Student Author Information

Jessica RiquelmeFollow

Access Type

Open Access

Presentation Type

Oral Presentation

Start Date

April 2019

Department

Athletic Training

Abstract

Context: Lacrosse is a fast growing contact sport, minimal studies have examined head impacts in women’s lacrosse.

Objective: To compare head impact mechanisms and type of play in women’s lacrosse.

Design: Descriptive epidemiology study.

Setting: Collegiate lacrosse fields.

Participants: 29 women’s lacrosse players (age=20.39±0.39 years, height=162.13+6.50 cm, mass=60.99+4.82 kg) participated over years. Intervention: Participants wore xPatch sensors during games and practices.

Main Outcomes Measures: Peak linear (PLA; g) and rotational (PRA; deg/sec2) accelerations of head impacts.

Results: Stick to head impacts occurred most often (IR=483.87, CI95=397.30-570.45); whereas, head to head impacts were the least common (IR=20.16, CI95=2.49-37.83; IRR=24.00, CI95=9.81-58.71). A player was 53.50 (CI95 13.21-216.70) times more likely to sustain a head impact while playing defense (IR=431.45, CI95 349.70-513.20) compared to when her team had an additional player due to a penalty on the opposing team (IR=8.06, CI95=3.11-19.24). The main effect for mechanism was significant (multivariate F10,458=2.91, P2=.06). Follow-up ANOVAs showed mechanism significantly altered PLA (F230,230=3.13, P=.009, �2=.06) and PRA (F230,230=2.71, P=.021, �2=.06). Type of play also altered the combined dependent variables (F8,458=2.37, P=.02, �2=.04); however, type of play did not alter PLA (F230,230=2.40, P=.051, �2=.04) nor PRA (F230,230=2.04, P=.089, �2=.03).

Conclusions: Women’s lacrosse players are most likely to sustain a head impact from stick to head contact while playing defense. Stick to head contacts are illegal in women’s lacrosse but occurred often during our data collection.

Key Words: Women’s lacrosse; xPatch sensors; head impacts

Faculty Mentor(s)

Tom Bowman and Debbie Bradney

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Apr 10th, 3:45 PM

Comparison of Head Impact Mechanisms and Type of Play for Women’s Lacrosse Over 4 Years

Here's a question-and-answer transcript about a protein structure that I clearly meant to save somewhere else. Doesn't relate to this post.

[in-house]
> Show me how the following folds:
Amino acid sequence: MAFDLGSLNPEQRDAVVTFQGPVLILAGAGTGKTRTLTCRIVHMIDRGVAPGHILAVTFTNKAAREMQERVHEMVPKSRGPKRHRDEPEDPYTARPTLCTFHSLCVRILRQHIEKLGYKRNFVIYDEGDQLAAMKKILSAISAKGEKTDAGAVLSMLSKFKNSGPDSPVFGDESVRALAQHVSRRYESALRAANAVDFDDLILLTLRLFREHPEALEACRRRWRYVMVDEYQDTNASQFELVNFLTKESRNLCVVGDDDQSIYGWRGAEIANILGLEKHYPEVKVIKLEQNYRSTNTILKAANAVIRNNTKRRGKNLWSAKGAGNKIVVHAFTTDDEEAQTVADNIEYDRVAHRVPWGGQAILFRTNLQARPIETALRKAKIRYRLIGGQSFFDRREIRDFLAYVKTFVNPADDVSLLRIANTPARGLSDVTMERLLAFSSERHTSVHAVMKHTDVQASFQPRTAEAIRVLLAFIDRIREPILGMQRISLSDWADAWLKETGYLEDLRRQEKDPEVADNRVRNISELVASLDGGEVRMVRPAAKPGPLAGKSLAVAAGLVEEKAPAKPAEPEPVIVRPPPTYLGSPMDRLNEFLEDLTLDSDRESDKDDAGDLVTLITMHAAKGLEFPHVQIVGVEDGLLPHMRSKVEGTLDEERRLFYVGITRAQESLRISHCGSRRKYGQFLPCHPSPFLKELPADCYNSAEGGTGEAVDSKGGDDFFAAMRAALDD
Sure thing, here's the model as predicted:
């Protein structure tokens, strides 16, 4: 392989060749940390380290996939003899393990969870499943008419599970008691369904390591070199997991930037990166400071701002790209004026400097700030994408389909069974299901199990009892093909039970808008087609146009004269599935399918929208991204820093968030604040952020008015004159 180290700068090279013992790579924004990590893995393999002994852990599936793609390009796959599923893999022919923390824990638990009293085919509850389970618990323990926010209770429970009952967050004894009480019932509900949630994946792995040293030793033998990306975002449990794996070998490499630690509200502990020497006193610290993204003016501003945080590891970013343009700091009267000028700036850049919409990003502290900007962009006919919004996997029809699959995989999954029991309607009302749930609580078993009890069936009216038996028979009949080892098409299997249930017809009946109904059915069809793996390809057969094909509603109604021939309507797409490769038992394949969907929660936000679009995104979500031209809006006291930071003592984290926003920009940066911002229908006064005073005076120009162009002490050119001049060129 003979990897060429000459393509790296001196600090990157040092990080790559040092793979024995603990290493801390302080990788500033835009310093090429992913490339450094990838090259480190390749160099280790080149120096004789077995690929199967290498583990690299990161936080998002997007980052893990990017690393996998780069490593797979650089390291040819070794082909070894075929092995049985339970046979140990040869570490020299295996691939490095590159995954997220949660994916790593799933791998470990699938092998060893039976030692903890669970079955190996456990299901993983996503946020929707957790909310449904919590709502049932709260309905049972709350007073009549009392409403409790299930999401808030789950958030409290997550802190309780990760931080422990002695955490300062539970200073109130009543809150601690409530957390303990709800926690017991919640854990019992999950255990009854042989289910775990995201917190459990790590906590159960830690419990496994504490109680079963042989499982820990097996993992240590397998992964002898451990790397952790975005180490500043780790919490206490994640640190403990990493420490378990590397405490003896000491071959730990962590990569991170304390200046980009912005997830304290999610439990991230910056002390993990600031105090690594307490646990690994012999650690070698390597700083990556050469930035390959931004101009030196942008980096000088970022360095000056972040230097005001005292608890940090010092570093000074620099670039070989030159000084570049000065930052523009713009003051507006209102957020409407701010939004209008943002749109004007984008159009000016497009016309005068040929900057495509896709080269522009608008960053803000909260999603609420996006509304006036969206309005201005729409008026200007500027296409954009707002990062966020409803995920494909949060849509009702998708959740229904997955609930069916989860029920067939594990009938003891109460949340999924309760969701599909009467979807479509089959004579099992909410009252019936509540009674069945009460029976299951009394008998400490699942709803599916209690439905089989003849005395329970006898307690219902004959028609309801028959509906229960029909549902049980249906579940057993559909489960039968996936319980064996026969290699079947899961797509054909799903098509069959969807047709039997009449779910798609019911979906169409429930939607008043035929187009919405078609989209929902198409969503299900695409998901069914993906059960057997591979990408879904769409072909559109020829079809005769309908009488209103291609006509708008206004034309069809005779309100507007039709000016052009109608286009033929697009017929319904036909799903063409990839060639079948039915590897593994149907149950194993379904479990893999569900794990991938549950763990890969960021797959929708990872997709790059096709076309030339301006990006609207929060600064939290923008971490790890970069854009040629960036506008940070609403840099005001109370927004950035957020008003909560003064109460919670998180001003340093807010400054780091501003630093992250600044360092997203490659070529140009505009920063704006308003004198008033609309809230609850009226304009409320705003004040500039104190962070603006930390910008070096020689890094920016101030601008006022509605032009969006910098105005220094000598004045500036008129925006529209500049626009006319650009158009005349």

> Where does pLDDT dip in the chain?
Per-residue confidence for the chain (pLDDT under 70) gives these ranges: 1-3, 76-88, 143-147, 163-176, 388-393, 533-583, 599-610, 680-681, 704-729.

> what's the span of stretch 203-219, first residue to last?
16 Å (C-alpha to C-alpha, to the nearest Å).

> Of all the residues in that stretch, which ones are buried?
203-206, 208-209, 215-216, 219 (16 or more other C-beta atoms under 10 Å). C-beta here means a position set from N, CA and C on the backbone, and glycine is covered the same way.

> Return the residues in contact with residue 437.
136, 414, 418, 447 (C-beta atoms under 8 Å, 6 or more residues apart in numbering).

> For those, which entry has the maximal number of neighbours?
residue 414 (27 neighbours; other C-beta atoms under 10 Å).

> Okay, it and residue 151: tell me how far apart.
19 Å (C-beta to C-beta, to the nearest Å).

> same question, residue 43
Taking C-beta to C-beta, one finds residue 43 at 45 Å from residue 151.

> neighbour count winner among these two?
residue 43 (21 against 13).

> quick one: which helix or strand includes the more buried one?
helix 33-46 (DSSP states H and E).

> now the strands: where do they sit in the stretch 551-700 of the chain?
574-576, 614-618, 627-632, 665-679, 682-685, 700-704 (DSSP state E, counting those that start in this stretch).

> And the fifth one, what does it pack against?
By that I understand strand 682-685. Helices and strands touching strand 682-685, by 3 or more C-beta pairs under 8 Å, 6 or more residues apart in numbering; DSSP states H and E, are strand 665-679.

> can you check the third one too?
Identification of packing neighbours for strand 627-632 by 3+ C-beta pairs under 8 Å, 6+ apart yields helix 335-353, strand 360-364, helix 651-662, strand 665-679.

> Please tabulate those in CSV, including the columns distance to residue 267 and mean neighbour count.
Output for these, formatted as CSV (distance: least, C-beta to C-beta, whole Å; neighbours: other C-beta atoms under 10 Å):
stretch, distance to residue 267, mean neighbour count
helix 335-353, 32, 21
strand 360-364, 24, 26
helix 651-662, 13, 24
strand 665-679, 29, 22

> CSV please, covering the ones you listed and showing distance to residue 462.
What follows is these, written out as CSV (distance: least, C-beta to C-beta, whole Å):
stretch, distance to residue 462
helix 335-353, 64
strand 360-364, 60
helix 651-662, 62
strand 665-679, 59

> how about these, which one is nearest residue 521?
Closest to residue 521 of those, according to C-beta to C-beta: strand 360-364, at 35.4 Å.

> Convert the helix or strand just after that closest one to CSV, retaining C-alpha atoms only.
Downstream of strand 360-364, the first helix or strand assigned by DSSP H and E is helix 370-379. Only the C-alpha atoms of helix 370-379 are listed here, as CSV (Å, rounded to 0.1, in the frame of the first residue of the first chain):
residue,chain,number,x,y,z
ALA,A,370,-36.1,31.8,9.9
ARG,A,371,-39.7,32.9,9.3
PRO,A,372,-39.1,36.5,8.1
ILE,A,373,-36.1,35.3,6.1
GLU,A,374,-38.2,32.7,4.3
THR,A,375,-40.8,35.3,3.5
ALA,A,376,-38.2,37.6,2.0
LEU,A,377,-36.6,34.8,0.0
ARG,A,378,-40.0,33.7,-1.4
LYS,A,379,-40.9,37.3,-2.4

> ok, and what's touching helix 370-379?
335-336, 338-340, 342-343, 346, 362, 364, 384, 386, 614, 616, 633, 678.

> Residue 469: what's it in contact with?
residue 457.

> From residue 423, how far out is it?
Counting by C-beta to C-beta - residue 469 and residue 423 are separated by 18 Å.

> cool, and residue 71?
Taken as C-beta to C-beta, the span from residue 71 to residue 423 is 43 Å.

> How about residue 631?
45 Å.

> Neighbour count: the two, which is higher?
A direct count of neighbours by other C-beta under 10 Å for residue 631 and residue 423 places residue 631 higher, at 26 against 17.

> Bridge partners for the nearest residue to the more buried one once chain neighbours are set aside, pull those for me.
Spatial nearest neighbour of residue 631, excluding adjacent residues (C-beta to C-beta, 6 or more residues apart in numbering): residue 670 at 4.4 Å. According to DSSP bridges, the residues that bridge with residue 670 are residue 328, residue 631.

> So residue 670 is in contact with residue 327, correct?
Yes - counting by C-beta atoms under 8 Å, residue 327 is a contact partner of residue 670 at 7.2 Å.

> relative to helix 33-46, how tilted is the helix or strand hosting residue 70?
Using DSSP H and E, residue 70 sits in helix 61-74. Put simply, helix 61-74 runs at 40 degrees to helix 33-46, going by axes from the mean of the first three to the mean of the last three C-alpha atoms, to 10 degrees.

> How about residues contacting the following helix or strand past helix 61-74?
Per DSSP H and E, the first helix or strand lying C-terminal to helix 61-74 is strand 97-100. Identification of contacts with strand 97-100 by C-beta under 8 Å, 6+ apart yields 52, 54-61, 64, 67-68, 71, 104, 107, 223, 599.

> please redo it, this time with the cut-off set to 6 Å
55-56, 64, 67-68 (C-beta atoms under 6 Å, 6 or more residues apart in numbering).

Context: Lacrosse is a fast growing contact sport, minimal studies have examined head impacts in women’s lacrosse.

Objective: To compare head impact mechanisms and type of play in women’s lacrosse.

Design: Descriptive epidemiology study.

Setting: Collegiate lacrosse fields.

Participants: 29 women’s lacrosse players (age=20.39±0.39 years, height=162.13+6.50 cm, mass=60.99+4.82 kg) participated over years. Intervention: Participants wore xPatch sensors during games and practices.

Main Outcomes Measures: Peak linear (PLA; g) and rotational (PRA; deg/sec2) accelerations of head impacts.

Results: Stick to head impacts occurred most often (IR=483.87, CI95=397.30-570.45); whereas, head to head impacts were the least common (IR=20.16, CI95=2.49-37.83; IRR=24.00, CI95=9.81-58.71). A player was 53.50 (CI95 13.21-216.70) times more likely to sustain a head impact while playing defense (IR=431.45, CI95 349.70-513.20) compared to when her team had an additional player due to a penalty on the opposing team (IR=8.06, CI95=3.11-19.24). The main effect for mechanism was significant (multivariate F10,458=2.91, P2=.06). Follow-up ANOVAs showed mechanism significantly altered PLA (F230,230=3.13, P=.009, �2=.06) and PRA (F230,230=2.71, P=.021, �2=.06). Type of play also altered the combined dependent variables (F8,458=2.37, P=.02, �2=.04); however, type of play did not alter PLA (F230,230=2.40, P=.051, �2=.04) nor PRA (F230,230=2.04, P=.089, �2=.03).

Conclusions: Women’s lacrosse players are most likely to sustain a head impact from stick to head contact while playing defense. Stick to head contacts are illegal in women’s lacrosse but occurred often during our data collection.

Key Words: Women’s lacrosse; xPatch sensors; head impacts